Sometimes it will surprise her young charges when Rutgers women's basketball coach C. Vivian Stringer casually drops a pop-culture reference into conversation. Beyonce this or Ne-Yo that. It's actually not calculated on her part, but rather stuff she has picked up.
"I think that in order to continue to relate well to young people, you need to be current," Stringer said. "And developing those relationships -- that's not draining to me. While the job itself can be stressful, I'm always rejuvenated by working with young people."
After Rutgers snapped a four-game losing streak Tuesday, Stringer picked up her 900th victory as the Scarlett Knights beat South Florida. It was a historical win for the Rutgers program and for Stringer, putting her in the 900-win group of women's coaches, joining Pat Summitt, Jody Conradt and Sylvia Hatchell.
Summitt and Conradt are retired from their head coaching positions at Tennessee and Texas, respectively, while North Carolina's Hatchell got her milestone victory on Feb. 7.
Stringer, who will turn 65 in March, started coaching in 1971 and has been in this business for twice as long as most of her current players have been alive. She says she has no plans to stop anytime soon, and her energy is continually replenished by the youthful company she keeps: not just her players, but her granddaughter and her niece's daughter, a pair of adventuresome 3-year-olds who both think of Stringer in "cherished grandma" terms.
The Scarlet Knights are 15-12 overall and 6-8 in the Big East; this was just their third victory in February. Yet each win pushes the Scarlet Knights closer to an 11th consecutive NCAA tournament bid.
By the same token, each loss moves them further away from that. Before Tuesday's victory, Rutgers dropped four consecutive games, falling to DePaul, Connecticut, Syracuse and St. John's. The Scarlet Knights have won just two true road games. But Stringer intends to battle for that Big Dance berth, and while it's not on her radar right now, she has also prepared for Rutgers' upcoming move to the Big Ten, a conference she previously coached in while at Iowa.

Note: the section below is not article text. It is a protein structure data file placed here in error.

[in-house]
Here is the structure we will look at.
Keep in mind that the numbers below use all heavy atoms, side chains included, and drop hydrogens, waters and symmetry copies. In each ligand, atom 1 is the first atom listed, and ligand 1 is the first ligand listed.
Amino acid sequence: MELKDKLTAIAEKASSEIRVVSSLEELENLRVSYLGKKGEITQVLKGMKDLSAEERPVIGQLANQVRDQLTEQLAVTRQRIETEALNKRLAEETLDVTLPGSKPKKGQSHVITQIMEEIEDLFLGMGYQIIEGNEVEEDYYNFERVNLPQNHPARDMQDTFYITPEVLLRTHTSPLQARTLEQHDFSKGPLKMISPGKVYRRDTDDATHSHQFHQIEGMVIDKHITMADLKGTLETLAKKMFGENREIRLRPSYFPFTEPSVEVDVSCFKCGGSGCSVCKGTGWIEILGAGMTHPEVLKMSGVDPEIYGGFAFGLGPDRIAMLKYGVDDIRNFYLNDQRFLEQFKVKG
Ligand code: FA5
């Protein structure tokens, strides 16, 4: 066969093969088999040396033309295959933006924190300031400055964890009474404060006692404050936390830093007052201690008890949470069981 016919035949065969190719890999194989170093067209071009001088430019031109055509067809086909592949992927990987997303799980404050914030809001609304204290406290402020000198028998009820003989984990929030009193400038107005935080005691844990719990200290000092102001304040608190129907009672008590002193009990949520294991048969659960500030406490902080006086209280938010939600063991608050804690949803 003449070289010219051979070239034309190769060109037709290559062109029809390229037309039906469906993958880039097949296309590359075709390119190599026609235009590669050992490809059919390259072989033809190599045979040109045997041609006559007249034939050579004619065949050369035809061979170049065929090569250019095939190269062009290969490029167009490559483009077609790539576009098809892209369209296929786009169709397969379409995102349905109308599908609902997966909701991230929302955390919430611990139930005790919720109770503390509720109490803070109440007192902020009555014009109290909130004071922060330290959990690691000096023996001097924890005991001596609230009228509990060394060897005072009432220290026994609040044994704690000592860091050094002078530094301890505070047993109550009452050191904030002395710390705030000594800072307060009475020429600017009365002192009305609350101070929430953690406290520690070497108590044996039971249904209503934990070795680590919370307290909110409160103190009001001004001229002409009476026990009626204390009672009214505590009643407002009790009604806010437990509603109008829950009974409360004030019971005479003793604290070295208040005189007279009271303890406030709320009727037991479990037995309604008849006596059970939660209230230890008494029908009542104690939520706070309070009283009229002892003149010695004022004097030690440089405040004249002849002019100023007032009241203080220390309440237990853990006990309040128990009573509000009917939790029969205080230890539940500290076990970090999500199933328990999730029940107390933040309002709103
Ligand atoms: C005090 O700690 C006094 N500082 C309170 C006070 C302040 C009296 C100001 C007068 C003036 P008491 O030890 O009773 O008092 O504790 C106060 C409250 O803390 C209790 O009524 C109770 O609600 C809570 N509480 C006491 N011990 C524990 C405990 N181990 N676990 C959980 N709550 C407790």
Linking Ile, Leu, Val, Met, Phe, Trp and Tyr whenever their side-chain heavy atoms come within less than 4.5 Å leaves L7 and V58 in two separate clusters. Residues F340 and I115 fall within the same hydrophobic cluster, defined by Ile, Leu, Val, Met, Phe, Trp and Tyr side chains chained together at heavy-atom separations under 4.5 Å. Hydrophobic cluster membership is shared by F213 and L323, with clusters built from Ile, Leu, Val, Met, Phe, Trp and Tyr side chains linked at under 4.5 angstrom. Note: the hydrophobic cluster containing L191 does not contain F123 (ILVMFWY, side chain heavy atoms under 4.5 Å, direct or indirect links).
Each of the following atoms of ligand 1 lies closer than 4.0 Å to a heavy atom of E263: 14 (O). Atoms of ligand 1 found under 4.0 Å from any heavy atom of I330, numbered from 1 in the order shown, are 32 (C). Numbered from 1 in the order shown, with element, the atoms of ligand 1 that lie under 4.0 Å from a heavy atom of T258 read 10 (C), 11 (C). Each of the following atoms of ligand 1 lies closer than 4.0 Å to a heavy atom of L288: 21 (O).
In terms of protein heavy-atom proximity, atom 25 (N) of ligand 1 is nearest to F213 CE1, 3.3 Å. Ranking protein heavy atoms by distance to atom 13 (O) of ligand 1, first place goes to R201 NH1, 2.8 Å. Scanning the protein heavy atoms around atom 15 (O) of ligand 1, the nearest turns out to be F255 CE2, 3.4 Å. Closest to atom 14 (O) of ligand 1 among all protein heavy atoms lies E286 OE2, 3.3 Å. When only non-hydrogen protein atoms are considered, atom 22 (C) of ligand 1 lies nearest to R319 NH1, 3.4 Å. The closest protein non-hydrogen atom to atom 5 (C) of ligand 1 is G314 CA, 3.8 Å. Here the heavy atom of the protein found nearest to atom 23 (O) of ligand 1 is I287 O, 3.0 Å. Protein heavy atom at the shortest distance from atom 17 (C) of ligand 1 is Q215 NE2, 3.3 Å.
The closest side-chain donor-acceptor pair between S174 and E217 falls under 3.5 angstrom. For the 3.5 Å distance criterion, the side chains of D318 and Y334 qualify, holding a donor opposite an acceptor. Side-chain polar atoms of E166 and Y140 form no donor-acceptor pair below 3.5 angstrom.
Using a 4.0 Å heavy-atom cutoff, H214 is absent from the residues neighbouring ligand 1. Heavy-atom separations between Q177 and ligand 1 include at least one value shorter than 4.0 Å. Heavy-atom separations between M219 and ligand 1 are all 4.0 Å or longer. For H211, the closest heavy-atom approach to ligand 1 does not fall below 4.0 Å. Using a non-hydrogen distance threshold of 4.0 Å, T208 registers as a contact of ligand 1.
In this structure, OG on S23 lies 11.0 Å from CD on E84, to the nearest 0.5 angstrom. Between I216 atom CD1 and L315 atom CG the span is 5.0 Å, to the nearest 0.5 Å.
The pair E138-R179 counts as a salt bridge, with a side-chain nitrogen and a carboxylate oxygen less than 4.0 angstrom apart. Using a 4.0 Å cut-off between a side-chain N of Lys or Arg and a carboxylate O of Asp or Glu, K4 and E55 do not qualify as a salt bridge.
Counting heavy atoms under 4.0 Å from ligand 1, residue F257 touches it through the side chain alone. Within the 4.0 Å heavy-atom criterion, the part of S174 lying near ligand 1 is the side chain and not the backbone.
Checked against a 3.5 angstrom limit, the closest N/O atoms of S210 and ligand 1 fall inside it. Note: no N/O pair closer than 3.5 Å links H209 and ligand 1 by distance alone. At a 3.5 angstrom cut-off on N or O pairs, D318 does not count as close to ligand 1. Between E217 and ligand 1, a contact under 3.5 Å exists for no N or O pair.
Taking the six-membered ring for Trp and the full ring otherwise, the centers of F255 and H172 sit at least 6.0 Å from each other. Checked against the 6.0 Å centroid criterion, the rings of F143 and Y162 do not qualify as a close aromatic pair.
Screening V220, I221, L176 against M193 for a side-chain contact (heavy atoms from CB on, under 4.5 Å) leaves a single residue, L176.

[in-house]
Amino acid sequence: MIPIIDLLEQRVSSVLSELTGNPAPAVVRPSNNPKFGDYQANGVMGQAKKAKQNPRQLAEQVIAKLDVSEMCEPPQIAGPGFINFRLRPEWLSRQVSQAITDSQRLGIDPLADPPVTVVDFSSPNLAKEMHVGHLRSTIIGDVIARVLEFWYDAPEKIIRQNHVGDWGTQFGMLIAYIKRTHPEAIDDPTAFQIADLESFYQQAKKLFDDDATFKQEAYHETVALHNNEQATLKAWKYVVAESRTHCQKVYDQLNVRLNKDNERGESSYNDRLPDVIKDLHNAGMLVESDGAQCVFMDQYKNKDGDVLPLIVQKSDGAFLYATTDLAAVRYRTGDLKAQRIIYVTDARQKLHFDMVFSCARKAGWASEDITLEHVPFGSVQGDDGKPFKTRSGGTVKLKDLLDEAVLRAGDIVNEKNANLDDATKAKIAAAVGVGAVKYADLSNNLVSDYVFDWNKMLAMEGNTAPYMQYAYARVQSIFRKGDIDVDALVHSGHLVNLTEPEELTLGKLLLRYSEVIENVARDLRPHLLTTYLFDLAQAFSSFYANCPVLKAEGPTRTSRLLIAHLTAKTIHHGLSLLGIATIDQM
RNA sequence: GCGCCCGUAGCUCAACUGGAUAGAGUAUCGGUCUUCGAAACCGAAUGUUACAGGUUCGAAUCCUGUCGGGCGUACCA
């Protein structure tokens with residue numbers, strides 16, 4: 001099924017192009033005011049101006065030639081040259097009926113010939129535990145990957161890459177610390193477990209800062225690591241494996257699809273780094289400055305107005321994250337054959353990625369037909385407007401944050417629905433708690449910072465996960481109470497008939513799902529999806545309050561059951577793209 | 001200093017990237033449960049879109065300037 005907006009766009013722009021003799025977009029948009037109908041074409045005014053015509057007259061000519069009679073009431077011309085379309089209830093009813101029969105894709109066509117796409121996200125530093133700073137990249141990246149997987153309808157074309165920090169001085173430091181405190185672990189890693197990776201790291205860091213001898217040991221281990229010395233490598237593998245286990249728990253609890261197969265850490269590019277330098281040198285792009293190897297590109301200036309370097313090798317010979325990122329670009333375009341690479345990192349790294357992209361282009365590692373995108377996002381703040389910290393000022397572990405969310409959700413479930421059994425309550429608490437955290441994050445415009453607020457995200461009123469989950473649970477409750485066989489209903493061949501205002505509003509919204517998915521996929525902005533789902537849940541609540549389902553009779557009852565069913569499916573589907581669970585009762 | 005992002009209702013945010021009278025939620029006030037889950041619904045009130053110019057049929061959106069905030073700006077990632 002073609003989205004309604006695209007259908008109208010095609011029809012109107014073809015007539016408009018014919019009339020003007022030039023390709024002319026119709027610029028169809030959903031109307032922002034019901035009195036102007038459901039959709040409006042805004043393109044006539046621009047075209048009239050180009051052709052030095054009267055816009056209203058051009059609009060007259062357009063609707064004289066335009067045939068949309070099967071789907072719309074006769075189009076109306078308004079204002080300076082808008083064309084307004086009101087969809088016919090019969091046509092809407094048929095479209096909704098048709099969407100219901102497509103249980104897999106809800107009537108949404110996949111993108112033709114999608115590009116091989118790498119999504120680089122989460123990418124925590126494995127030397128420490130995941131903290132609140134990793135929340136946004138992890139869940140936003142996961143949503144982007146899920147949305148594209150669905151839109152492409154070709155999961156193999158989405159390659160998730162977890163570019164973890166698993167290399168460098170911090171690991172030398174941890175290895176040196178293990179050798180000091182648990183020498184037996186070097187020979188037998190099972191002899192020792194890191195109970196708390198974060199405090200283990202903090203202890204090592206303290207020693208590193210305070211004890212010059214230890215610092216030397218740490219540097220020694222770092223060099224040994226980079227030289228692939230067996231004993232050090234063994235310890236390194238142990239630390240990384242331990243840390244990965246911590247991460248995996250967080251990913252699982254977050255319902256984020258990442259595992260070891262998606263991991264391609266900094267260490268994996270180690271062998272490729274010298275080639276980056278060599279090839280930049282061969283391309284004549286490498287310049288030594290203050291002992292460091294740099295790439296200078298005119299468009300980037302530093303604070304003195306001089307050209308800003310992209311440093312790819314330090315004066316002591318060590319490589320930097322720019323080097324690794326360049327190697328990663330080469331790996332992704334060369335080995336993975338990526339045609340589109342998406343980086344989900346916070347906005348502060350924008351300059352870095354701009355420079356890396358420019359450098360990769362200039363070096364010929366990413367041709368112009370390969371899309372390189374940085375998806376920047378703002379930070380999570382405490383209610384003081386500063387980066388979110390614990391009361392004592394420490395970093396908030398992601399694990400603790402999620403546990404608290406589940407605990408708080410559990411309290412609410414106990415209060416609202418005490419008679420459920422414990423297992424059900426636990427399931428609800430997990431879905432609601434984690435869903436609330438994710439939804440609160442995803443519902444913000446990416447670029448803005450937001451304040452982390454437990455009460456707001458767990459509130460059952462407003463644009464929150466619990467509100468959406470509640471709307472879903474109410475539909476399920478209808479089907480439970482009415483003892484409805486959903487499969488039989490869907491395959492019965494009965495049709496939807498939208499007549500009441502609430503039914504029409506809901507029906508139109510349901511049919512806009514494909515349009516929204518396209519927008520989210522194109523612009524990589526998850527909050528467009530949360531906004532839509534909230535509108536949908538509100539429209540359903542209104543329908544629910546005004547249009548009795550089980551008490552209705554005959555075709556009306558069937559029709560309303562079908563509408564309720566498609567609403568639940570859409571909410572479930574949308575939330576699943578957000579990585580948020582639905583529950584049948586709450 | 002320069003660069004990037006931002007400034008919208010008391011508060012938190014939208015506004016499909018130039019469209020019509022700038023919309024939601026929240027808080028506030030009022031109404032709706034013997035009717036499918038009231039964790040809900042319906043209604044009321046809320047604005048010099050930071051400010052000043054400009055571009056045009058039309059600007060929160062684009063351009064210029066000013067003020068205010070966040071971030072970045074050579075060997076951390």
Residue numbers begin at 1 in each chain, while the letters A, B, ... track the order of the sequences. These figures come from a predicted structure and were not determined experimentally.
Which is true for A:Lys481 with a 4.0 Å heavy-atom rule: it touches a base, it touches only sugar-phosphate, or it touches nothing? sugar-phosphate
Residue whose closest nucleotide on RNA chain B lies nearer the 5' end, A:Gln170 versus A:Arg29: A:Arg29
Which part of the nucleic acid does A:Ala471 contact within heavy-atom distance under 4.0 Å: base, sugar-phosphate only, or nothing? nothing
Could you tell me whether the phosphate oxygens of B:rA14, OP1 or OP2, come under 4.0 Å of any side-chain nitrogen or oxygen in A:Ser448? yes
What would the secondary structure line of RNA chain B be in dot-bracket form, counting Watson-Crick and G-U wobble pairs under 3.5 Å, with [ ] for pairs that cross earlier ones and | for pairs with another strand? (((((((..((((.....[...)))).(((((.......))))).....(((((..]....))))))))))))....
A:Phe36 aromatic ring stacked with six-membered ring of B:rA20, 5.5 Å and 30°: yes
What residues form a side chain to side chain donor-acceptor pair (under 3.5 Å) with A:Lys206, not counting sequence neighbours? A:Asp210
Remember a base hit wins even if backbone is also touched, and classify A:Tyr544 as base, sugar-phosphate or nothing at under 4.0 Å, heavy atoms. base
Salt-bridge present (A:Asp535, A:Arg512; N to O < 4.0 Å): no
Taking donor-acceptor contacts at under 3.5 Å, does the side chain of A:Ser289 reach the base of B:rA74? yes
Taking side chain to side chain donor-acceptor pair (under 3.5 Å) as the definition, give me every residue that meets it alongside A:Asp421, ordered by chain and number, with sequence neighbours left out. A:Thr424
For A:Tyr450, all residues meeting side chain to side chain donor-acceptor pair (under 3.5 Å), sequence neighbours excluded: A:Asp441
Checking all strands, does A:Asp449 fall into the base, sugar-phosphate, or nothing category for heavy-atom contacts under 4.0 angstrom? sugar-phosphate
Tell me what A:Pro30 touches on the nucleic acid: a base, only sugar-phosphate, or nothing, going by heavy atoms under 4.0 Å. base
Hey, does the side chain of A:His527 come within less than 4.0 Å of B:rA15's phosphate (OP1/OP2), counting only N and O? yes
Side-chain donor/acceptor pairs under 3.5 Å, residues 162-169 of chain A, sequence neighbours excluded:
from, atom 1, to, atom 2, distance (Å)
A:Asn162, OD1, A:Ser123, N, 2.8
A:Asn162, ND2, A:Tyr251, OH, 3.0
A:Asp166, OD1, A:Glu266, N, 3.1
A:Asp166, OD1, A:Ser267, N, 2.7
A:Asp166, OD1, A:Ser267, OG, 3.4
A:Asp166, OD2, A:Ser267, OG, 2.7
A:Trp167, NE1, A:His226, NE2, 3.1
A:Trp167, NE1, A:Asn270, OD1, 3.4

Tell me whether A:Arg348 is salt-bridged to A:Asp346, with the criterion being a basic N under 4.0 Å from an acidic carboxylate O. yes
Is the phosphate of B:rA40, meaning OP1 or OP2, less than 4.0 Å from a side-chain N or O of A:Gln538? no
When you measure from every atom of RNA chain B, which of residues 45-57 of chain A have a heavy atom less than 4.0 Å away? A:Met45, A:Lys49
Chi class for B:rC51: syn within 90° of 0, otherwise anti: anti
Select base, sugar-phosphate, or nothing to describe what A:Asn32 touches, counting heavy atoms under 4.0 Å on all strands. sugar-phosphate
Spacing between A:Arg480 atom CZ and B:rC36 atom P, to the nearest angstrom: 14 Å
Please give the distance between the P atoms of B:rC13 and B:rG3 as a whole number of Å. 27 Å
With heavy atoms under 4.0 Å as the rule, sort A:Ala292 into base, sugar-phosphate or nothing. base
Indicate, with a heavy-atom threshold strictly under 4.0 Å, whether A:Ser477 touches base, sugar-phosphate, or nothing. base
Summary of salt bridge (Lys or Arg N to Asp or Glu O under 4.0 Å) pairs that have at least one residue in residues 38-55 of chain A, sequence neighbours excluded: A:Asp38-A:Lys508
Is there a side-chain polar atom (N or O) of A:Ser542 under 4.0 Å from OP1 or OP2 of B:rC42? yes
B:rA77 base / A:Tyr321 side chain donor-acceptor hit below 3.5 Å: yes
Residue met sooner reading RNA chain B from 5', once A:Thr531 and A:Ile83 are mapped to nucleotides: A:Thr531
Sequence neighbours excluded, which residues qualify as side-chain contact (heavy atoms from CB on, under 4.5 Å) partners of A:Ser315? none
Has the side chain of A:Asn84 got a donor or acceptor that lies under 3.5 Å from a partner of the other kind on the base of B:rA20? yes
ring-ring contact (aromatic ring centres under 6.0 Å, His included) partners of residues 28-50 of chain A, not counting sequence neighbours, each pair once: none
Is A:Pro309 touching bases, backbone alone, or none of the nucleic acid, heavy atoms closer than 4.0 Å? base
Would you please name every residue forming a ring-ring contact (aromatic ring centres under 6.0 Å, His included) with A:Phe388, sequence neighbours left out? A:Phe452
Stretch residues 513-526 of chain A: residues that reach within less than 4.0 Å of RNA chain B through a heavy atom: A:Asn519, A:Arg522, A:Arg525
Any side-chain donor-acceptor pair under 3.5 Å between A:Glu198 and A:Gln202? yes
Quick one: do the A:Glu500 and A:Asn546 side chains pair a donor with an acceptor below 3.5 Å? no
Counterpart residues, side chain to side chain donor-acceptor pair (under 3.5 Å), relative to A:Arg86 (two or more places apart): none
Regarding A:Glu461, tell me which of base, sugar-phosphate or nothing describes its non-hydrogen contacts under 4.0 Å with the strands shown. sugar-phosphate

If others wonder about her coaching future, if they have begun to doubt that the Naismith Hall of Famer is still up to the task, they should be prepared to face Stringer's wrath. For Stringer, the fight-or-flight response typically gravitates to the fight. But how many rounds does she still have in her?
"You either pass or you'll pass," is one of the sayings she repeats to her players.
"It means that you're either going to pass the test that is before you," Stringer said, "or you won't. You'll just pass on through and keep going."
It's a concisely pragmatic slogan for a woman who tends to use a lot of words at times, verbiage you must wade through to get to the kernels of what she most wants you to hear. Those kernels are always there, though, even if you have to work to grab hold of them.
Stringer is multifaceted in very human ways. She can be insightful and funny. She can be testy and sarcastic. She can see the big picture and the smallest details. She can be brusque and defensive. She can be warm and abundantly kind.
"It's that side -- she's very caring and wants to make sure that everyone is OK -- that's something people outside may not see as much," said Tasha Pointer, a former player for Stringer who now is one of her assistants at Rutgers. "Especially with players from a home front standpoint, she wants to know that they're emotionally doing all right. She understands on so many levels how many obstacles they have to overcome.
"The best times, I personally think, are when we're traveling and you're able to just sit with her and talk about things. She believes if we can get our young people to keep improving, they'll be where they should be at the end. And as long as she has breath in her lungs, she's going to keep coaching."
Long winding road
If you submitted the script of C. Vivian Stringer's life to be filmed, you might be accused of pushing the dramatic melancholy too far. Surely no real person could have so many of her professional highs countered by grief or trauma. Or, for that matter, also have periods of relative personal calm disrupted by professional challenges.
Even those very familiar with Stringer's story, when they review it again, can find it amazing that she has made it through. For the full effect, it's best to read Stringer's autobiography, "Standing Tall," which was published in 2008.
That was the year after the aggravatingly absurd Don Imus controversy, when thoughtless, shock-jock remarks sparked a national conversation (of sorts) that ultimately only tangentially involved Rutgers.
The ignorant, hurtful insults embroiled the Scarlet Knights in a news-cycle frenzy that spun wildly soon after the team lost to Tennessee in the NCAA title game. Long after the media circus had moved on, Stringer and the Rutgers program still felt the sting of having been caught in the verbal equivalent of crossfire.
To have the good vibes of a championship-game appearance practically disappear in such a maelstrom likely would have embittered a lot of coaches. But it was hardly the worst thing that Stringer had been through.
She lost her father -- a hard-working man she idolized -- when he passed away on Thanksgiving 1972, shortly after she'd married Bill Stringer and began her coaching career at Cheyney State in her native Pennsylvania.